His moustache is growing more quickly than mine

It is Movember... it happens each November and, according to its website (uk.movember.com), Movember is responsible for the sprouting of moustaches on thousands of men’s faces in the UK and around the world. There are also ways for women to take part.

The aim is to raise vital funds and awareness for men’s health, specifically prostate cancer and testicular cancer. Men’s things.

It is a very noble cause and one I wholeheartedly support. I just wish my husband wasn’t taking part. I like him clean-shaven although I have often had to put up with his beard when he grows it for the purposes of his frequent thespian activities.

Moustaches and beards prickle. You move in for a passionate kiss and get acupuncture instead. So, obviously, I won’t let him anywhere near me when he is sprouting bristles.

Apart from a moratorium on close physical contact during the period of rehearsals and the week of the show, I am generally understanding... as long as the offending beard and moustache is shaved off directly after the last performance.

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The sorts of roles that require such hirsuteness include King Arthur in the musical Camelot, Shylock in Merchant of Venice, Jean Valjean in Les Miserables, Bill Hickock in Calamity Jane, Petruchio in Taming of the Shrew/Kiss Me Kate, Henry VIII in anything, and just about any male role in Fiddler on the Roof.

Fortunately, my husband’s beard grows quite quickly so it’s never hung around too long in the in-betweeny, neither-one-thing-nor-the-other state and so he hasn’t had to endure a prolonged (so-called) “designer stubble” stage which, to my mind, makes men look a bit unwashed and louche but not entirely undesirable. (Brad Pitt apply here, now... don’t bring the Chanel No 5.)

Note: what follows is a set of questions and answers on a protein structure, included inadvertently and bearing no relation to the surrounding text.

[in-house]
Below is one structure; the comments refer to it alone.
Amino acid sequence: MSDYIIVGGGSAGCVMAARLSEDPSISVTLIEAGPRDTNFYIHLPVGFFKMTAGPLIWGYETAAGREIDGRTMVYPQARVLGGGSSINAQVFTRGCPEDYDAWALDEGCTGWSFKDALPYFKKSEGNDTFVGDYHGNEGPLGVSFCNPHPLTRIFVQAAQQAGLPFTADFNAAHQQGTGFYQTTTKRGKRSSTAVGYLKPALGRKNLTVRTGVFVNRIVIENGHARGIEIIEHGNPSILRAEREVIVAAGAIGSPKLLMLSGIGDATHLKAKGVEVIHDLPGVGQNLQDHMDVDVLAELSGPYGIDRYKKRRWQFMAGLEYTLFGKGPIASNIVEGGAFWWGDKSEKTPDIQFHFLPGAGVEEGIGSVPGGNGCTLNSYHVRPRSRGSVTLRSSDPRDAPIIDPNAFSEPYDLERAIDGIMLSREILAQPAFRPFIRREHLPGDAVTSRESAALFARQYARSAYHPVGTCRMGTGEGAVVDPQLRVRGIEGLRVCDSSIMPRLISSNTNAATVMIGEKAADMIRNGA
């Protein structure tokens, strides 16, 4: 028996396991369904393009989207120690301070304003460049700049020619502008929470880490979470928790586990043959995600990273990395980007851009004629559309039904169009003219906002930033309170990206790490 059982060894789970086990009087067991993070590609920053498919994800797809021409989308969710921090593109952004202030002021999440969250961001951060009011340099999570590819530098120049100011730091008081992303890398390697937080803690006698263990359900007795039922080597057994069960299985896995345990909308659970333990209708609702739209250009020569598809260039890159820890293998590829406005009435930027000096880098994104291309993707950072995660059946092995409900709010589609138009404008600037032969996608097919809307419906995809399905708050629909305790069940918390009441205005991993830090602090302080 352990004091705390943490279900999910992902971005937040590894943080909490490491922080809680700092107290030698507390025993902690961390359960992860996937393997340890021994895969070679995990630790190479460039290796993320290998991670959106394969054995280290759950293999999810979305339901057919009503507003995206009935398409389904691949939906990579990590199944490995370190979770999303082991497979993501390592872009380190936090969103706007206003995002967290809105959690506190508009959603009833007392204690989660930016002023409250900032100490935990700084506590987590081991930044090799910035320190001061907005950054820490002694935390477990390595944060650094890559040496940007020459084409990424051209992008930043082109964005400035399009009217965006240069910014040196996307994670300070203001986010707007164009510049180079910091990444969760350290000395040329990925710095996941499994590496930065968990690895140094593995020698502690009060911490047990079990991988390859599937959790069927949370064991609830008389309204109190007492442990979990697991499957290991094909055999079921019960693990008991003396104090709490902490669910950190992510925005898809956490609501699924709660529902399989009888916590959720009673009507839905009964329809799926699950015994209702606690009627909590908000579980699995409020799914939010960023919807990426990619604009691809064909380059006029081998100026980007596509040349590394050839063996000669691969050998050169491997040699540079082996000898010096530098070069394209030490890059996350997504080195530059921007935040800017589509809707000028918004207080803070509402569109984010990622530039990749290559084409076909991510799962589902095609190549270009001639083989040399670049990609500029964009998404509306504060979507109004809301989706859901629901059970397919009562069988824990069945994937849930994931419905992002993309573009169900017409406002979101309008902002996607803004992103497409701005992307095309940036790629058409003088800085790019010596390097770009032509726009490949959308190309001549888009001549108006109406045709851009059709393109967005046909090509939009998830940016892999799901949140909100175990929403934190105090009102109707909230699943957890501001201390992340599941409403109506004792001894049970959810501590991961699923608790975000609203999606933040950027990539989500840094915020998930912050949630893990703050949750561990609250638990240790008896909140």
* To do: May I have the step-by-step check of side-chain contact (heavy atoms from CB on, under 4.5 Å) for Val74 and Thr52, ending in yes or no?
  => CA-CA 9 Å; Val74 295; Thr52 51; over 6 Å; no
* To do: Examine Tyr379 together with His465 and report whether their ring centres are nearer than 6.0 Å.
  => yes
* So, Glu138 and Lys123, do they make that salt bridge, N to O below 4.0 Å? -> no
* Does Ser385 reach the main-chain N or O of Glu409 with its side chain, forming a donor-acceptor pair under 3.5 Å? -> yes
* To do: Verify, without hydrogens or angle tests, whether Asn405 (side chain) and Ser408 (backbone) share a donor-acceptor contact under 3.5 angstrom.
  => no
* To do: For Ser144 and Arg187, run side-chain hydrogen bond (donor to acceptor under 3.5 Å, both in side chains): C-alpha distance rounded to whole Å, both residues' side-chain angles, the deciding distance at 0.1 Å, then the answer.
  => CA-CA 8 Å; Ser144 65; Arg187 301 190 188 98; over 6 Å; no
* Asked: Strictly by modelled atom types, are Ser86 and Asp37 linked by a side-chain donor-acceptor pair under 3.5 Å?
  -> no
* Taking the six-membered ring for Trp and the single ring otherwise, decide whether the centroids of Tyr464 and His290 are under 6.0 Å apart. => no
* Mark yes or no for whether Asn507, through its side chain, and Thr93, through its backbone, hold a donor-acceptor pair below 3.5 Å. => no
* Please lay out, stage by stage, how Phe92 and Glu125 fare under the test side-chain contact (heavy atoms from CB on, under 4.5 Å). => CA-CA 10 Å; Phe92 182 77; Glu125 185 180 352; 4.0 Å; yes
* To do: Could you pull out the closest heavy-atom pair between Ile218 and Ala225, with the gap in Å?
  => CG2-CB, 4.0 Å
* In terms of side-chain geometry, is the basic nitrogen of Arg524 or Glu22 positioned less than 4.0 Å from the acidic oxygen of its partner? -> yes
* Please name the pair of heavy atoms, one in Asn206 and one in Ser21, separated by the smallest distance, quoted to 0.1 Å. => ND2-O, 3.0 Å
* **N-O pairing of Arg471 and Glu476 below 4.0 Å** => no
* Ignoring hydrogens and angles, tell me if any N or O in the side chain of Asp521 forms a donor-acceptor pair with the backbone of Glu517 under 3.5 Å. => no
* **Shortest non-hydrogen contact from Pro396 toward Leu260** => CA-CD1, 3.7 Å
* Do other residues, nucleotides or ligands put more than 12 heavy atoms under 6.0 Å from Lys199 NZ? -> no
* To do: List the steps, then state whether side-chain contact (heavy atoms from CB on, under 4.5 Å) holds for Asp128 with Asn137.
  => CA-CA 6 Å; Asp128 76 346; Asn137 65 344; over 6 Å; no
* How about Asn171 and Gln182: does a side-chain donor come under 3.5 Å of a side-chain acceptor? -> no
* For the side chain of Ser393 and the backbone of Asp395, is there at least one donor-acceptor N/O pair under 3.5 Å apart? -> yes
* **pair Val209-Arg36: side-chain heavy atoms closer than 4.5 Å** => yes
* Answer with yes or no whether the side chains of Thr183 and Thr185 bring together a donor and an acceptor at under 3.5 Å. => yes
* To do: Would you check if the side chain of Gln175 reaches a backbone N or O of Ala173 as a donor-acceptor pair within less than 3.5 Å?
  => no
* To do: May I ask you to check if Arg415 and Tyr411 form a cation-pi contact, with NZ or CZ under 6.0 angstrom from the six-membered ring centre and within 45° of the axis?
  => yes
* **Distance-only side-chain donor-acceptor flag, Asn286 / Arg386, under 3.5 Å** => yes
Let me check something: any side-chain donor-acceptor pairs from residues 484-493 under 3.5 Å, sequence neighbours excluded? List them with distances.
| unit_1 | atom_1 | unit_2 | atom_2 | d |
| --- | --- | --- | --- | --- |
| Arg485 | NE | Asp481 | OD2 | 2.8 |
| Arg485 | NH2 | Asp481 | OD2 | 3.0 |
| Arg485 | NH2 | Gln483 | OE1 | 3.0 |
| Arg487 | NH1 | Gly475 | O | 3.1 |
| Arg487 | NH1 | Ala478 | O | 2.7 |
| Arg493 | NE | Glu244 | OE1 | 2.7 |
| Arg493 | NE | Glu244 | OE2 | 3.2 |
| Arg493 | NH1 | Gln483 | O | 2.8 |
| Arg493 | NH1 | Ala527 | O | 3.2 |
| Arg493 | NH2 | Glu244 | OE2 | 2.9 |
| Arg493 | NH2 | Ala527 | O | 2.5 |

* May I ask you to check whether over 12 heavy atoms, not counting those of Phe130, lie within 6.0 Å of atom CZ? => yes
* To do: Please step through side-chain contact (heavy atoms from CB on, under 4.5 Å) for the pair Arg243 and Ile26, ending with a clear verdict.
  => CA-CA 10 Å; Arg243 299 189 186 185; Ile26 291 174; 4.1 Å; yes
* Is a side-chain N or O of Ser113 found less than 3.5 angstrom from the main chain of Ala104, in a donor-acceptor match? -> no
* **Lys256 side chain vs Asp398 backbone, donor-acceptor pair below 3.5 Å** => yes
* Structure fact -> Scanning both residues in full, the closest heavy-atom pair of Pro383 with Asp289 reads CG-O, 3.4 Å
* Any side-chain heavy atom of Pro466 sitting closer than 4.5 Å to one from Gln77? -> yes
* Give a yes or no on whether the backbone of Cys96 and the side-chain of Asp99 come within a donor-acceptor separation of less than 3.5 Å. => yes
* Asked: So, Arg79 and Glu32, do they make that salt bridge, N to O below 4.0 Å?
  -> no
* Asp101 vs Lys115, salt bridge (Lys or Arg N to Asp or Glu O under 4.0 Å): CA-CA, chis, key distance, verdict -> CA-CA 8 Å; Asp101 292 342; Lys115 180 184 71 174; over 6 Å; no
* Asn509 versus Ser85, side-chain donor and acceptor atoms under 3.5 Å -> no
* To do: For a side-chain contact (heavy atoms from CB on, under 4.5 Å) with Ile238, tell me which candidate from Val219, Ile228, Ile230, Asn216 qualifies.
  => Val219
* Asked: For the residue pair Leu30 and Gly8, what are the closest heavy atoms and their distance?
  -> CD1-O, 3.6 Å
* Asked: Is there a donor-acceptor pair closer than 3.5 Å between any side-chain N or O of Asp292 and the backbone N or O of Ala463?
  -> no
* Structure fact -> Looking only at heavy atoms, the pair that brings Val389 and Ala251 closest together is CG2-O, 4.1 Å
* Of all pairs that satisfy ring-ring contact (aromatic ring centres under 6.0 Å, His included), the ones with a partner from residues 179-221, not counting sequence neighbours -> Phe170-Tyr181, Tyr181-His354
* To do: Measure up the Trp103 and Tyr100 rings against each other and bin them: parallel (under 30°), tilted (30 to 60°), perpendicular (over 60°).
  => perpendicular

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A few years ago, however, my beloved (husband, not Brad Pitt) was deeply saddened to find his usually ginger-flecked dark beard was growing through grey and, since then, he has not accepted roles that require a full beard with his previous alacrity.

So it was a bit of a surprise when he suddenly announced, on October 31, that he might grow a moustache for Movember. Or, at least, it would have been a surprise if I’d been listening.

“That’s nice, dear,” I said. He had caught me halfway through a killer sudoku when my attentions were divided (75:25 sudoku:husband).

“So you think it would be a good idea?”

“Absolutely...” So that 14 can’t be the sum of six and eight so it must be nine and five.


“You don’t think I’ll look too much like my dad?”

His late father always wore a carefully-trimmed moustache.

“Of course not.” So that must mean the 15 must be seven and eight rather than nine and six.

“I’ll start tomorrow.”

And he did, registering online and starting to raise sponsorship from his work colleagues – one of whom has said she will decide how much to donate based on the luxuriance of his moustache.

He now has significant, mostly grey, upper-lip growth although not yet fully abundant or profuse. He is also growing something small and intriguing under his lower lip which, I am assured, is well on trend. Hurrumph.

I will not be sponsoring the moustache. It would be like saying I never want to be kissed again but I don’t mind being impaled. I shall pay good money to see it come off.

Meanwhile, a dear female friend, slightly younger than me but suffering similar symptoms, observed that maybe the two of us could also take part in the Movember thing... after all, she said, we do have the occasional whiskery outbreak, don’t we?

I laughed the manic cackle of a woman who knows she could indeed grow a reasonable moustache, given sufficient time, inclination and a broomstick.

Whether it’s because of fading oestrogen levels or increasing testosterone, I am hairier than I used to be in some places though less hairy than I was in others.

My legs which, once upon a time, could have provided enough hair to fashion a shirt for the most avid breast-beating penitent, are now completely bald. My formerly soft and downy chin, meanwhile, now produces an occasional bristle strong enough to refurbish a scrubbing brush.

And, before you ask, yes, I do have one and yes, I suppose that would make me an old scrubber.

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